This is a last resort. If you do not want, or can’t afford or fit a large enough glass tank for your hamster, then this is your other option.
Glass tanks can’t be moved about as easily as a cage. But a cage can be moved temporarily or permanently to a separate room.
If your hamster keeps chewing the bars and he just won’t stop, no matter what, moving him to a different room will at least let you have your peace.
There are a few things to keep in mind though, before you move the hamster.The temperature of the room you move the hamster to needs to be constant. Hamsters need a range between 20-23 C/68-75 F to feel comfortable, and anything below or above that range can make them uneasy.
In some cases, if your hamster is exposed to sudden, very cold temperatures, it can hibernate. But since it’s sudden, it can be actually deadly for him, depending how long it lasts. You can find more info on hamster hibernation here, and how to save your hammy.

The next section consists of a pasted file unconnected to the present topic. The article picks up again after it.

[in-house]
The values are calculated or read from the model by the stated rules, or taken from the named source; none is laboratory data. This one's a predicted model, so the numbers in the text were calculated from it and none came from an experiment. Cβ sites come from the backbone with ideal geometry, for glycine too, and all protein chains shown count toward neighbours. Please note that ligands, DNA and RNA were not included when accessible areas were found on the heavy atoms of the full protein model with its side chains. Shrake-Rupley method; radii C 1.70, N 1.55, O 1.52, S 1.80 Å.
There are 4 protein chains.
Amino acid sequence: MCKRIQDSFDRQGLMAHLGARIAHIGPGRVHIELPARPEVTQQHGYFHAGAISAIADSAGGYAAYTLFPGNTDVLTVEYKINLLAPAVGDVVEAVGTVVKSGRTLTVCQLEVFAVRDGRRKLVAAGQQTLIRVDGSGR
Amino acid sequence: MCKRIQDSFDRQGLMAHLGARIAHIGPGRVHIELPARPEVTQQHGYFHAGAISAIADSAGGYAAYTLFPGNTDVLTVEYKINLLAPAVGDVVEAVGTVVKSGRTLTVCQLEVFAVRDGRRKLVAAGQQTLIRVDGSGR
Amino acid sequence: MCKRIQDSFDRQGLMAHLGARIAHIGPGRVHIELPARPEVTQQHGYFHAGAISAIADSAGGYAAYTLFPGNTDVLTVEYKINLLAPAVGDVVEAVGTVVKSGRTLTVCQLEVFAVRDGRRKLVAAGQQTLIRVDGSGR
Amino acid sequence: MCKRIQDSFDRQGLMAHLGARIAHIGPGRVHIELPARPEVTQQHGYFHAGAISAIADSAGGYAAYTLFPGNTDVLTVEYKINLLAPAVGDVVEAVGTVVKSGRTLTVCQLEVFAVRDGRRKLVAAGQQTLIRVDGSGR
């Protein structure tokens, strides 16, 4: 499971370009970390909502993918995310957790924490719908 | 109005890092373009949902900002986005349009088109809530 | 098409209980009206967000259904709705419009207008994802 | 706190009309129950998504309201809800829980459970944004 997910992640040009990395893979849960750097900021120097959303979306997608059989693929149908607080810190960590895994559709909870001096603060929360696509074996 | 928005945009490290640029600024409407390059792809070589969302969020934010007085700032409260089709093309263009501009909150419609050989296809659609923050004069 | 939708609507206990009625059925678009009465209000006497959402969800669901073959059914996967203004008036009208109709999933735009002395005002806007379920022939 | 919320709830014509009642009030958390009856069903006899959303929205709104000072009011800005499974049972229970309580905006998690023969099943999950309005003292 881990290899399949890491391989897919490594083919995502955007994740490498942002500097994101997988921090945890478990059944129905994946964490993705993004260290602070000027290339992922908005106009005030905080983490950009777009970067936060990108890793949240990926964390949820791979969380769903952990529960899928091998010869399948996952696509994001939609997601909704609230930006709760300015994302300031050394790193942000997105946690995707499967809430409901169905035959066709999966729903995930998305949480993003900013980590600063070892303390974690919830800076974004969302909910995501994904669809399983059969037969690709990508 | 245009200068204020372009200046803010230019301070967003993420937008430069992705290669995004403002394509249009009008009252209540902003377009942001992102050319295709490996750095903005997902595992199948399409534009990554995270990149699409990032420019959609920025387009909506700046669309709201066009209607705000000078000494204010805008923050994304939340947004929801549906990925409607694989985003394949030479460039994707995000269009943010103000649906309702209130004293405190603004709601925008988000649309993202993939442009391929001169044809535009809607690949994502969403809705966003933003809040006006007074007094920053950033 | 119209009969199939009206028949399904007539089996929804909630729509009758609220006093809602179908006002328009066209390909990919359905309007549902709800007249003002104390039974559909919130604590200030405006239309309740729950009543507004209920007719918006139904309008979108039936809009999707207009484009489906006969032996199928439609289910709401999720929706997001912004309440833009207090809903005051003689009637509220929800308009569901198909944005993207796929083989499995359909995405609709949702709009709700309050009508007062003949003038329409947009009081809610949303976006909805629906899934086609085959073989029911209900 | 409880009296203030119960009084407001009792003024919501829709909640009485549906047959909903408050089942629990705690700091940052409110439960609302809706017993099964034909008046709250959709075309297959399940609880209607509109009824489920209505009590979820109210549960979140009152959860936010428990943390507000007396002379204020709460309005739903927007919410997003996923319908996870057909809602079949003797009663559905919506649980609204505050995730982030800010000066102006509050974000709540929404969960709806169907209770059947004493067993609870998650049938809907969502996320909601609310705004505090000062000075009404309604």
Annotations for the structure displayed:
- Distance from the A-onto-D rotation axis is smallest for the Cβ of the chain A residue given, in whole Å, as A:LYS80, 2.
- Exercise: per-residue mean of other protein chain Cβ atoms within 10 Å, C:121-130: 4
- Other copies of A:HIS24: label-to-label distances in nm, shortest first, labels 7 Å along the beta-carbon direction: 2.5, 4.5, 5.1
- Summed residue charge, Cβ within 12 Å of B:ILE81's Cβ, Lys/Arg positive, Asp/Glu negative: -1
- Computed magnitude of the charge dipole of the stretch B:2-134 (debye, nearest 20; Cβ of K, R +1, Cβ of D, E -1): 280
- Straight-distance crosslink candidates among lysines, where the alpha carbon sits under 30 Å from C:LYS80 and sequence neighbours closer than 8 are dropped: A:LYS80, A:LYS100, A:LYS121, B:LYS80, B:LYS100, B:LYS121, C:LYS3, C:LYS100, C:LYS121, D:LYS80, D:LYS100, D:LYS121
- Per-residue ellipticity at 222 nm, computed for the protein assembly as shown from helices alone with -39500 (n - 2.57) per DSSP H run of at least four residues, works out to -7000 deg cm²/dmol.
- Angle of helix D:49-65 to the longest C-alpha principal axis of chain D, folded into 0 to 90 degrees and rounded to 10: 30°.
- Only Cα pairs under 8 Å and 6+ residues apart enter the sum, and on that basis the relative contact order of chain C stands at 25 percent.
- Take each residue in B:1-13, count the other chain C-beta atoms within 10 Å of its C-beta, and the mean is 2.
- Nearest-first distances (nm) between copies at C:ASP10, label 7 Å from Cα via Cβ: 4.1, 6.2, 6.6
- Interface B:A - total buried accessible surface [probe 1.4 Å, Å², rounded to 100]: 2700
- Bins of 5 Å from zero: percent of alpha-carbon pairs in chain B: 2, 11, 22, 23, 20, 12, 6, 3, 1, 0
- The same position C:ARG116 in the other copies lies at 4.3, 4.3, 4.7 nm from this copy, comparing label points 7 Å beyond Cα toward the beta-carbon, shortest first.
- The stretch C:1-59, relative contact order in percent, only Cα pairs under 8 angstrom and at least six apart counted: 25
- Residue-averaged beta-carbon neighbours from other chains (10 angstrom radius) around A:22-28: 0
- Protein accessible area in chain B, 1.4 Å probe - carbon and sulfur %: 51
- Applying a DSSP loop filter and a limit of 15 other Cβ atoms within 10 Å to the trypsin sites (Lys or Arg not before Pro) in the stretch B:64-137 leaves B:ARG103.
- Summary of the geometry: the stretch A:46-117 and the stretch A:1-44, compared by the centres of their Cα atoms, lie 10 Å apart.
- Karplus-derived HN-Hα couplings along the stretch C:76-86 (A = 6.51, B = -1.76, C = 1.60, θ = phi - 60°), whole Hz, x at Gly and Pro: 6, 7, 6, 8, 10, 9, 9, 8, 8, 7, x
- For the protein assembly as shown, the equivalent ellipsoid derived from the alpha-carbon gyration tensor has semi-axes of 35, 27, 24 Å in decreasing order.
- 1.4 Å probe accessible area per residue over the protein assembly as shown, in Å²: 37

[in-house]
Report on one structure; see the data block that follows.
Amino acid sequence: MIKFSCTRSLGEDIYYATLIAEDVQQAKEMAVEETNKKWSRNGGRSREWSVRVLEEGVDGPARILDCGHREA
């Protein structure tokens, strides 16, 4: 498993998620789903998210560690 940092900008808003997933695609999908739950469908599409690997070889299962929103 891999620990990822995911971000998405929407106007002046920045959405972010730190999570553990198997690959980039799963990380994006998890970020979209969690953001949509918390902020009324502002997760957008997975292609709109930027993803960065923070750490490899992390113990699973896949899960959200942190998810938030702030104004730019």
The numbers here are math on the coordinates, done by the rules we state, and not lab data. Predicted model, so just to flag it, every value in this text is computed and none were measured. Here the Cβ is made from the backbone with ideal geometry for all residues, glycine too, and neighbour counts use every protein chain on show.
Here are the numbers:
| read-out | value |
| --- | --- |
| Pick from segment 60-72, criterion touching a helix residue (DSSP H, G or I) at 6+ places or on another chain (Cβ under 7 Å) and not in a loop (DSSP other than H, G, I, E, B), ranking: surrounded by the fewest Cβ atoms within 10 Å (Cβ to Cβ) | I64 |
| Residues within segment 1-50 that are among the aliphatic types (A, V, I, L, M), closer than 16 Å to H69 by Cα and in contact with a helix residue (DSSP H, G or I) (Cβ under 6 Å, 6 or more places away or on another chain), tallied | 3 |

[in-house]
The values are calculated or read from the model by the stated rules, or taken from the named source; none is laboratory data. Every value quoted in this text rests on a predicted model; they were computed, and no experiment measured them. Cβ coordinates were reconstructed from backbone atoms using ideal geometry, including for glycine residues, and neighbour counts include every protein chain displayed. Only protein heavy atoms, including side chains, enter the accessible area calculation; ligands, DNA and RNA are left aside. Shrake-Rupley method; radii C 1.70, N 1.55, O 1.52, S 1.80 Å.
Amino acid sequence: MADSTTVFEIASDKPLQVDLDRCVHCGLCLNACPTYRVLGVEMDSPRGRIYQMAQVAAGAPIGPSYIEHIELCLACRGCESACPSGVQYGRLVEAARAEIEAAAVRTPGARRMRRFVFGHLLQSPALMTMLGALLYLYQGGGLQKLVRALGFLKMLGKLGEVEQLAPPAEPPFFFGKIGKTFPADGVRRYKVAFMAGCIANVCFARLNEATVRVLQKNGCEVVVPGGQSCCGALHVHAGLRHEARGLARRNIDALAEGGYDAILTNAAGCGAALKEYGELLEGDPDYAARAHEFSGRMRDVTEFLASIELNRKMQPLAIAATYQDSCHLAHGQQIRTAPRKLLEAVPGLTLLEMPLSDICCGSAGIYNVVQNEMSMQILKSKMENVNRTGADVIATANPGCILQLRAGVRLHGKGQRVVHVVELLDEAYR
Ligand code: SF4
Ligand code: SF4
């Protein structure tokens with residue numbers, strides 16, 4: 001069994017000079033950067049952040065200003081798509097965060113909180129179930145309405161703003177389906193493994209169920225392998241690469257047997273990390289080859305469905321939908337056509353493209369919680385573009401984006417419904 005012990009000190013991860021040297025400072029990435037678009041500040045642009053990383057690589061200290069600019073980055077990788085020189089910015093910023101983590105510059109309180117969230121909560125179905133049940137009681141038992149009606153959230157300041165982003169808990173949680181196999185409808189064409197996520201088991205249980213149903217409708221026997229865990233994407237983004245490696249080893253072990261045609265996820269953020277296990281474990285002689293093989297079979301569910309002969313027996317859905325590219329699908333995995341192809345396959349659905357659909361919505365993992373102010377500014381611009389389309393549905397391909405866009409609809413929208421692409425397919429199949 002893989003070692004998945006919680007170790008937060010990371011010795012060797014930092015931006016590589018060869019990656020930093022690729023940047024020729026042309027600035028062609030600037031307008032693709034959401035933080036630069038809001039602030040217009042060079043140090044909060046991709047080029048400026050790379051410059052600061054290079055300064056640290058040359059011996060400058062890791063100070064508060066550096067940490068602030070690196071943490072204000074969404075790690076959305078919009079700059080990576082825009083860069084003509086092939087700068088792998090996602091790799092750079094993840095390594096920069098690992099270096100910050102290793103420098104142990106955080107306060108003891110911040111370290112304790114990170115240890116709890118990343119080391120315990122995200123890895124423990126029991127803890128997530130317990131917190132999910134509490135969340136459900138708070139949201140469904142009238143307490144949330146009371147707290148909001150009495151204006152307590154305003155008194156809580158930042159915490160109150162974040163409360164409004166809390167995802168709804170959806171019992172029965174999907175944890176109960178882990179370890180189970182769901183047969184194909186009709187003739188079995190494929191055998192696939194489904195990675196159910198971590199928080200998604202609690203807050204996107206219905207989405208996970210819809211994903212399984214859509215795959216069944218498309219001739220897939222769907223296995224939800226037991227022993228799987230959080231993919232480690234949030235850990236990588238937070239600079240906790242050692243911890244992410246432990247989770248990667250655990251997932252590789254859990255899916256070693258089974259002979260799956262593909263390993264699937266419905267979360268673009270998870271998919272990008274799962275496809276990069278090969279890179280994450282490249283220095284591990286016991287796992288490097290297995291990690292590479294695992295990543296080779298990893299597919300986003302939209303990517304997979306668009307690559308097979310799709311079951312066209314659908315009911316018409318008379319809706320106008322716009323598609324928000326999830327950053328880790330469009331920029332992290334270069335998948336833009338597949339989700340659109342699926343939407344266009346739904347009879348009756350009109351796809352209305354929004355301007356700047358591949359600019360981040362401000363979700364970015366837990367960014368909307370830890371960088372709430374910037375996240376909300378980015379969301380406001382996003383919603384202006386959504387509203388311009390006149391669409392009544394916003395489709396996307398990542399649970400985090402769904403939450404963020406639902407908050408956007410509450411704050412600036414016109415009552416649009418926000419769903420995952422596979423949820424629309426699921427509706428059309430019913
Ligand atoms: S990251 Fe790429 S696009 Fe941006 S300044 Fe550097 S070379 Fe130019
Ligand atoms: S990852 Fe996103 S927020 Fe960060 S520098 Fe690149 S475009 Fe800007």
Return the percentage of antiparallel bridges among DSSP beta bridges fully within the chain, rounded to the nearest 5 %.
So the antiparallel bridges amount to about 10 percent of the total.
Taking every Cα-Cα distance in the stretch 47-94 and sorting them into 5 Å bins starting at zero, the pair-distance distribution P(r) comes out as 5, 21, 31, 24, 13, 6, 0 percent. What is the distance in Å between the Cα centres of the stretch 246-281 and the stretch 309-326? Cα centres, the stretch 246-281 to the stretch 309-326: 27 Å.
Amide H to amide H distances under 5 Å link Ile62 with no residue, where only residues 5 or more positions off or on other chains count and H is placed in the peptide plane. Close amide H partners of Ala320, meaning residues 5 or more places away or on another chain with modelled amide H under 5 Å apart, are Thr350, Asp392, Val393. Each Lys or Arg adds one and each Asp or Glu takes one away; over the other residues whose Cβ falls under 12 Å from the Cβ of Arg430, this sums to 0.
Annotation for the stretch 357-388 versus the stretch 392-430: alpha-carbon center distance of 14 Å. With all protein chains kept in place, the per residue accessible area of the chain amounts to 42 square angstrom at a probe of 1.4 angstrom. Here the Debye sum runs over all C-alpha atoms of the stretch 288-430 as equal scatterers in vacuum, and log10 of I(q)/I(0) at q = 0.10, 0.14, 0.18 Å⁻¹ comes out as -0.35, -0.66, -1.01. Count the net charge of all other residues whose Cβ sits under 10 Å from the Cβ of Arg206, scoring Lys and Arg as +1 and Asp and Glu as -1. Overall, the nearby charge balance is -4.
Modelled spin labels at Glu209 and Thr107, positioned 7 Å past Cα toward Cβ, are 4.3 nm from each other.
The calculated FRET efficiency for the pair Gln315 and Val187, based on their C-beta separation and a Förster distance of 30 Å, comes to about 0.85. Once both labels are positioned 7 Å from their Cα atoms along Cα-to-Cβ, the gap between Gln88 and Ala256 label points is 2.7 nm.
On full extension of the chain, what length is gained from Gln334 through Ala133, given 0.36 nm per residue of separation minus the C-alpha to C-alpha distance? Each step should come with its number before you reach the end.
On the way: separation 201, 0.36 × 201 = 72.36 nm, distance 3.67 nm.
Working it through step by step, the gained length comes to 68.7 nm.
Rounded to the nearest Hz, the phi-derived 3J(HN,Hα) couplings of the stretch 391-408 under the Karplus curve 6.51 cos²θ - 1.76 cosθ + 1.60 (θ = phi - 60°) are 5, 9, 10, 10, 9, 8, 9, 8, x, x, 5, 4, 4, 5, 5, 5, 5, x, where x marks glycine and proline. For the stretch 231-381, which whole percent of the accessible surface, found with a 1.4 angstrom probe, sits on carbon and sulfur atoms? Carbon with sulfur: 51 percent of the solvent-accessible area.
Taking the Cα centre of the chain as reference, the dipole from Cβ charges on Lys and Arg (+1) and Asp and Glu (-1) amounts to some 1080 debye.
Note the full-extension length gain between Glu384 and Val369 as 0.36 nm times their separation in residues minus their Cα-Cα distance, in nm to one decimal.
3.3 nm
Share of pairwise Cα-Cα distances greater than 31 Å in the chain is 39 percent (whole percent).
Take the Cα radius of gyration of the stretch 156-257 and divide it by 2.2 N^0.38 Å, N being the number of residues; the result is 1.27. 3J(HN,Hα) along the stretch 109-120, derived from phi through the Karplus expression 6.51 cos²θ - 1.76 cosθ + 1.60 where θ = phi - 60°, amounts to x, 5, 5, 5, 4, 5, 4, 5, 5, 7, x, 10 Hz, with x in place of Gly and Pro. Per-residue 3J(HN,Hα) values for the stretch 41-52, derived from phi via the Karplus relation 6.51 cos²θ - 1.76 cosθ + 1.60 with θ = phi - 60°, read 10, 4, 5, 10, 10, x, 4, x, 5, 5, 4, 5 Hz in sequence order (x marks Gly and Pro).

So be sure to check up on your hammy every day, to make sure he feels alright in his room. Make sure he is safe from other pets, or overly curious small children.
Is a hamster a good choice for a pet ?
In this case, after talking about all the ruckus a hamster can make while chewing the bars, you’d think no, they’re not good pets.
But the truth is, at least in my opinion, hamsters are actually good pets. They’re quiet most of the time, and will not bother you often. It’s just that they have some very specific necessities – like the chewing and temperature – that can make then a bit iffy.
A hamster isn’t as easy to tame – and keep tame – as a dog or cat, and does not respond well to being held wrong or annoyed. So for this reason I’d advise against getting your child a pet hamster, of any kind.
Children would need a more mellow, loving pet, like for example a dog that can take on the full force of a kid tackling him, or pulling his tail.
You can read more whether hamsters make good pets or not here – and get a more detailed insight on why you need to know yourself and your limits before you get a hamster as a pet.
A word from Teddy
I hope you got some good ideas here on how to stop one of us hammies from chewing the cage bars. Sometimes we just love to chew the bars, and sometimes we can stop if you give us an alternative. It depends from hammy to hammy.
If you want to know more about hamsters, and why we sometimes do odd things, like eat our poop or suddenly freeze, you should check out the articles below.